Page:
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Is colour dependent on wavelength of frequency?

  1. Apr 17, 2009 #1
    EDIT: title should be Is colour dependent on wavelength or frequency

    Okay, and so here is the question in my mind.

    We all know (or at least taught) that when light enters an optically denser medium, it slows down and its wavelength shortens. Frequency, however, remains the same.

    Going by the above, will we see (or at least theoretically conclude) that there is a change in colour observable?

    If colour is determined by wavelength, then the above should see a blue-shift.

    If colour is determined by frequency, then the above should see no change.

    What is the correct answer?
    Last edited: Apr 17, 2009
  2. jcsd
  3. Apr 17, 2009 #2
    It would seem to me that color is a perception and therefore dependent on how your eyes receive it. That, to me, would make it frequency based. To me, a change in wavelength without a change in frequency would imply a change in the speed of light. I doubt your eye cares at what speed light hits it but as long as your internal timing were not thrown off my it, would interpret the frequency as normal and would perceive the wavelength as the normal wavelength for that frequency.
  4. Apr 17, 2009 #3
    The actual speed of light is the same in any material. It's just that a photon bumps into an atom once in a while. After absorbing the energy from the photon, an electron in the atom gets into a higher energy excited state. It doesn't take long for the electron to go back to it's ground state and emit a photon (light) while doing that. So it seems like the speed of light has changed, but what's actually happening is that it bumps into atoms that 'absorb' the photon for a little while.

    Oh, and I forgot to mention that the frequency of the emitted photon depends on what kind of atom it is. So it might change color, but not necessarily. Correct me if I'm wrong.
  5. Apr 17, 2009 #4
    in my point of view color depends on wavelength so if shift in wavelengt cause the shift or change in color
  6. Apr 17, 2009 #5

    Andy Resnick

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    Because frequency is a measure of energy while wavelength a measure of momentum, it's probably more relevant to think of 'color' in terms of frequency (since not only visual perception, but cameras and calorimetric detectors are based on absorption).
  7. Apr 18, 2009 #6
    Think about it....if color was dependant on wavelength.....would'nt the color change in different mediums?

    i.e wavelength of yellow is 600nm and of blue is 400nm. Does that mean a yellow object appears blue in water(ref.ind=1.5 approx)??????

    Thats absurd.
    Of course color depends on frequency.....because frequency remains unchanged in different media of propogation.

    The rods and cones in the eye are stimulated to vibrate to different frequencies depending on the frequency of incident light.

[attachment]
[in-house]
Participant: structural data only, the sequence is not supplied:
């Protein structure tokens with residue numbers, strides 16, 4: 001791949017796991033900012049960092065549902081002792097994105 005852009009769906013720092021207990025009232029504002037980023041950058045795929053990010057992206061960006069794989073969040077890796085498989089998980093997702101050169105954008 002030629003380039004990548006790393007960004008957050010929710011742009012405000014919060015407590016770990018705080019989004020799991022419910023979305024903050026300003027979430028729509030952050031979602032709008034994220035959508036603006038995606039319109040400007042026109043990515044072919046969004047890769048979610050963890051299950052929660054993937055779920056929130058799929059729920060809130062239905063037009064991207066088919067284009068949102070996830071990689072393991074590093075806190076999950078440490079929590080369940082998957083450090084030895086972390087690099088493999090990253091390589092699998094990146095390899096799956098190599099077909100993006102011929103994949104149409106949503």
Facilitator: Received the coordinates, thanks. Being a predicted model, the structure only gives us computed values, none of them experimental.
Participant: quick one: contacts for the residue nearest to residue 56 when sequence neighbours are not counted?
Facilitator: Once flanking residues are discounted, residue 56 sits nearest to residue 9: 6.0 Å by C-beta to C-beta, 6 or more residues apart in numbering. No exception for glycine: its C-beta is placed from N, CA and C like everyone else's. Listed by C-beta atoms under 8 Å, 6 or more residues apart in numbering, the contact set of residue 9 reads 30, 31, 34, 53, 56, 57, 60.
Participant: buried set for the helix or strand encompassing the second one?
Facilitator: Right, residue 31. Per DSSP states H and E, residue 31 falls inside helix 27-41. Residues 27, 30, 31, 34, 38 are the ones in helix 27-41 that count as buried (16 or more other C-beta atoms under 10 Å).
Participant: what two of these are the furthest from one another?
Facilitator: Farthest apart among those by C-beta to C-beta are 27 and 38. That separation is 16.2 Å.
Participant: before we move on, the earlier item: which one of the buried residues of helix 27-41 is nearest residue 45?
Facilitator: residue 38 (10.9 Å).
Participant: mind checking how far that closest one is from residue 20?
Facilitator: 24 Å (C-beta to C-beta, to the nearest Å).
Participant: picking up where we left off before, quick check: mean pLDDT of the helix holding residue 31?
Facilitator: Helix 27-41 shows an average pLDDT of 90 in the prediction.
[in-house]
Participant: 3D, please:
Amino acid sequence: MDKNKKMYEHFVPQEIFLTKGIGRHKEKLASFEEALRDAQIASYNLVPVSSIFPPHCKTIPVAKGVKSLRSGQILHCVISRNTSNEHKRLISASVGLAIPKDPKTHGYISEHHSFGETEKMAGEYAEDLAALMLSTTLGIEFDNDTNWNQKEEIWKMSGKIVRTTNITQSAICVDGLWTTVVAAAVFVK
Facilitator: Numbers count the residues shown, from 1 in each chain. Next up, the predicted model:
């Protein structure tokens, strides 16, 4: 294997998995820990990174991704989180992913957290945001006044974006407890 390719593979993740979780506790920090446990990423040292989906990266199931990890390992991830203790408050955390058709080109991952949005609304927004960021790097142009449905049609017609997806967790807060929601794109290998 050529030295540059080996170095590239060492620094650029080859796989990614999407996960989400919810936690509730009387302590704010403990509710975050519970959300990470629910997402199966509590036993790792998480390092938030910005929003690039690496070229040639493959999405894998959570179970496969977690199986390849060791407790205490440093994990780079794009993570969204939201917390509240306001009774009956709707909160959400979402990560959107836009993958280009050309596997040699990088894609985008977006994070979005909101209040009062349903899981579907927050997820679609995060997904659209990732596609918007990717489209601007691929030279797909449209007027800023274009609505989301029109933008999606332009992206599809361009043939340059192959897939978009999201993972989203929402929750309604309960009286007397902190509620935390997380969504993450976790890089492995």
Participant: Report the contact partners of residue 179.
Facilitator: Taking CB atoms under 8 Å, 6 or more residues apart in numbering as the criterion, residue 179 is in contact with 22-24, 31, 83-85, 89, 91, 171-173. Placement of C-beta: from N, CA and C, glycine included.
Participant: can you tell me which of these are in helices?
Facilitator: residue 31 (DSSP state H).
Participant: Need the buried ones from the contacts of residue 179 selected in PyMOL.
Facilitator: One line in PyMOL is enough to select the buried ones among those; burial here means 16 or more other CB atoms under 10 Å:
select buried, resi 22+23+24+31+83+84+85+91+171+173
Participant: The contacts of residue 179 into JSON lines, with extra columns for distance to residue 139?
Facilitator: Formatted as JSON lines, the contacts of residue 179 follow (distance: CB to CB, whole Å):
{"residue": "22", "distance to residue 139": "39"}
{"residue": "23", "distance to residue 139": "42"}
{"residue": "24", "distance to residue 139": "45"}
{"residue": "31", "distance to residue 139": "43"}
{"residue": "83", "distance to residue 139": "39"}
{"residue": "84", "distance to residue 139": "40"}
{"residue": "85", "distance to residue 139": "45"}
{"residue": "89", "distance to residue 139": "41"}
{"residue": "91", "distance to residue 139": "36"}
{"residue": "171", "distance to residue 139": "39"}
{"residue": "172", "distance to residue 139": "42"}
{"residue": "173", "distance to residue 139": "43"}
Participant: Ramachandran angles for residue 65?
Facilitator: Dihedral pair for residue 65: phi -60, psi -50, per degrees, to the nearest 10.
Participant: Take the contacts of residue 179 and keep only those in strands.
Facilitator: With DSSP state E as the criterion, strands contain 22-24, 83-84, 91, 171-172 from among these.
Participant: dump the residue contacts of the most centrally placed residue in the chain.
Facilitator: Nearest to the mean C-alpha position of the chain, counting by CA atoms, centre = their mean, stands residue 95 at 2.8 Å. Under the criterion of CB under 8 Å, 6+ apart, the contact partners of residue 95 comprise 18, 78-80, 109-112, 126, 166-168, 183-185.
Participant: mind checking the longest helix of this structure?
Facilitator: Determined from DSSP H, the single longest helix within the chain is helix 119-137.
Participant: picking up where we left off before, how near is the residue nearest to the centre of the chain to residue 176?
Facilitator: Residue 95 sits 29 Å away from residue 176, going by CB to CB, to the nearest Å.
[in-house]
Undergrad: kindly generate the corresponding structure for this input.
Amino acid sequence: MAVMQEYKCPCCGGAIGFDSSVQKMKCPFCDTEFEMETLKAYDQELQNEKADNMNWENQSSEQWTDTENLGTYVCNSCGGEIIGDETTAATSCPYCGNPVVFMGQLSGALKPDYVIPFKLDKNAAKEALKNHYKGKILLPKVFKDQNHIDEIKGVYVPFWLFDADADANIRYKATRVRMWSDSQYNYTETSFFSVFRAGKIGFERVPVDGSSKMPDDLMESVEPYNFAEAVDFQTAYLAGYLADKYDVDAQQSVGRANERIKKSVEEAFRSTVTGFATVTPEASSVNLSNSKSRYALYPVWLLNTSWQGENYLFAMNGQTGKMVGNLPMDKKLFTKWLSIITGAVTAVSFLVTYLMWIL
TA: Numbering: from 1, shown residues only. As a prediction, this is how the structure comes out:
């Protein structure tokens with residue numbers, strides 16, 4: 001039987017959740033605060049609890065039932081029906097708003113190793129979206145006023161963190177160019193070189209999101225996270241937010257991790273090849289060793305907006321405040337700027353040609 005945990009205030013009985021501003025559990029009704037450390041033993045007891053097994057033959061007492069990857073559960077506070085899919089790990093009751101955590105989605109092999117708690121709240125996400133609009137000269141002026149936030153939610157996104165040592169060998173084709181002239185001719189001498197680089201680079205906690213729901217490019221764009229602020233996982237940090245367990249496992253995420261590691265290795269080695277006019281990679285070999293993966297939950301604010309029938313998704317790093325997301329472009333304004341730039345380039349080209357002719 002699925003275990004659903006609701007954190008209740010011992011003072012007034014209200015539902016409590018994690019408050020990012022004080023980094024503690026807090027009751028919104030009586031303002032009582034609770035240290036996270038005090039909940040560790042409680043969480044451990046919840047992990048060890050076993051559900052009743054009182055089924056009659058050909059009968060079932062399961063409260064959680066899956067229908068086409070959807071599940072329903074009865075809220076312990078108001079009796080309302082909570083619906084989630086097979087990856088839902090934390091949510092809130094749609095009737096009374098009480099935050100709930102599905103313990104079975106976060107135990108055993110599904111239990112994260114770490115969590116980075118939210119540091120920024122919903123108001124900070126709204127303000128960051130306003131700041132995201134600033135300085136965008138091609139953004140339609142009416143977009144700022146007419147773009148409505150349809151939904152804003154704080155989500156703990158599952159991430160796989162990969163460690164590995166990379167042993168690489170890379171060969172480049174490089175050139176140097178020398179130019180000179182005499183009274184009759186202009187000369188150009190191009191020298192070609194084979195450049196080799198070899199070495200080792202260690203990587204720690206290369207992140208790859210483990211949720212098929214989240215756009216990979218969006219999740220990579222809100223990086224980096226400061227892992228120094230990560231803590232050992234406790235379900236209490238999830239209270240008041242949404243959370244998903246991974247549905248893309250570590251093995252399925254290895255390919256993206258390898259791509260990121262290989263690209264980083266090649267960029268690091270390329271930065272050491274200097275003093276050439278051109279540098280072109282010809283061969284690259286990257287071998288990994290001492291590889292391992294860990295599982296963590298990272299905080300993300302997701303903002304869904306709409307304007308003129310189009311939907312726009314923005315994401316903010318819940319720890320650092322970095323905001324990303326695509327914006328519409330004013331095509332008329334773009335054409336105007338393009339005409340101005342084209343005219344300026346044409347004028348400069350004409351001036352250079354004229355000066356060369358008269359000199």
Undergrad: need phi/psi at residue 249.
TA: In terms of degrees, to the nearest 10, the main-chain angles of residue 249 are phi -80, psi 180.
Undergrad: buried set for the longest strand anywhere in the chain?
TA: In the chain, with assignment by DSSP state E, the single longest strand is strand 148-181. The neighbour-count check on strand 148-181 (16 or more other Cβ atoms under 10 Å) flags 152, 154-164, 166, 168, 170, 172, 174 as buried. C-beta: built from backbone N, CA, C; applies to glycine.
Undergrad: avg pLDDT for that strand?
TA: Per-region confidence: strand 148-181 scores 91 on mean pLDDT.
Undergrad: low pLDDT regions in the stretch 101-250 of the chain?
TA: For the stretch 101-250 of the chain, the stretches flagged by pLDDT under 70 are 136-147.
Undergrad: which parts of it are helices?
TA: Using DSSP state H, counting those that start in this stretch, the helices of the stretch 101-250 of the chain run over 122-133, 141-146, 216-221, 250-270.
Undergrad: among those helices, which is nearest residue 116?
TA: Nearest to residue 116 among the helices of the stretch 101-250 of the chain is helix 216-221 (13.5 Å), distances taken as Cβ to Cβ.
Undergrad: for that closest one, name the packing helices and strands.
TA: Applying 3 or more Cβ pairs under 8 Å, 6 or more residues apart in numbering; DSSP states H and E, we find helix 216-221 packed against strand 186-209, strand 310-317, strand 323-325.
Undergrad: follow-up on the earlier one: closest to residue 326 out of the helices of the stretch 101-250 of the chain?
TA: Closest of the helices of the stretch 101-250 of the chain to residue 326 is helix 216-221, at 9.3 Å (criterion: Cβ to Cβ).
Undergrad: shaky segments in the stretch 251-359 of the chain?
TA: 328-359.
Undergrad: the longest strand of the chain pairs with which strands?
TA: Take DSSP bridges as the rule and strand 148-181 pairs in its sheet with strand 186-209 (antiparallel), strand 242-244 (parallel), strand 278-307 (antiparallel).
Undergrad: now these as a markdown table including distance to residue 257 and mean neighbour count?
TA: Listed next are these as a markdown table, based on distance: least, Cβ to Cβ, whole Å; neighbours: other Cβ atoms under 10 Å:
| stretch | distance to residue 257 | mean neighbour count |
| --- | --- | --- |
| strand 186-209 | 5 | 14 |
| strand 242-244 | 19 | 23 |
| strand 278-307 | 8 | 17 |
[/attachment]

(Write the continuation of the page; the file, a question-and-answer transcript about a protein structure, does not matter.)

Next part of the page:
This causes color perception

    BOTTOMLINE - Color is percieved by frequency.
  8. Apr 18, 2009 #7
    1.Do check ,pleas sir, meters you are trying to say befor submiting them; pleas.
    There is no such deference betueen what wave lenght and frequency Sir!.
    the two are related by two contats c and h ( light speed and Plank constat).
    If one changes the othor does imediatly.
    It is so ""rediculus"" to say that one changes while the othor ""remains" the same.
    2.When photons across a material the light speed becomes less , yes, but that affects every thing...p, E, wave lenght, frequency...every thing changes respectfuly to n the refraction index.
    3.I do believe you are talking, or trying to talk , about the diferrence of energy: where is it?, ahd here yes , this is the good question and it have been put since decades, but recently there is some progress.
    (Thanks, and sorry for any thing)
  9. Apr 18, 2009 #8


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    The above responses give you the theoretical explanations of what happens when light enters one medium from vacuum or air. The (macroscopic) speed of light decreases (because the medium it enters has higher index of refraction), and the propagation wavelength increases, while frequency stays the same (as you say).

    However, note that this light would then enter your eyeball, and change speed / wavelength again. But that's okay, because, as in all other cases, frequency remains constant. The speed / wavelength in your eye is the same as if you were seeing this light in air. Same thing happens when you have a camera (assuming the inside of your camera is air tight!)

    While the above is an aide to understanding, it's a little misleading. As others have said above, the energy of any photon in this light beam is what causes the cones in the back of your eye to respond, or the elements of a CCD (charge capture device; i.e. the image taking part of your digital camera) to respond, regardless of what's in front of it.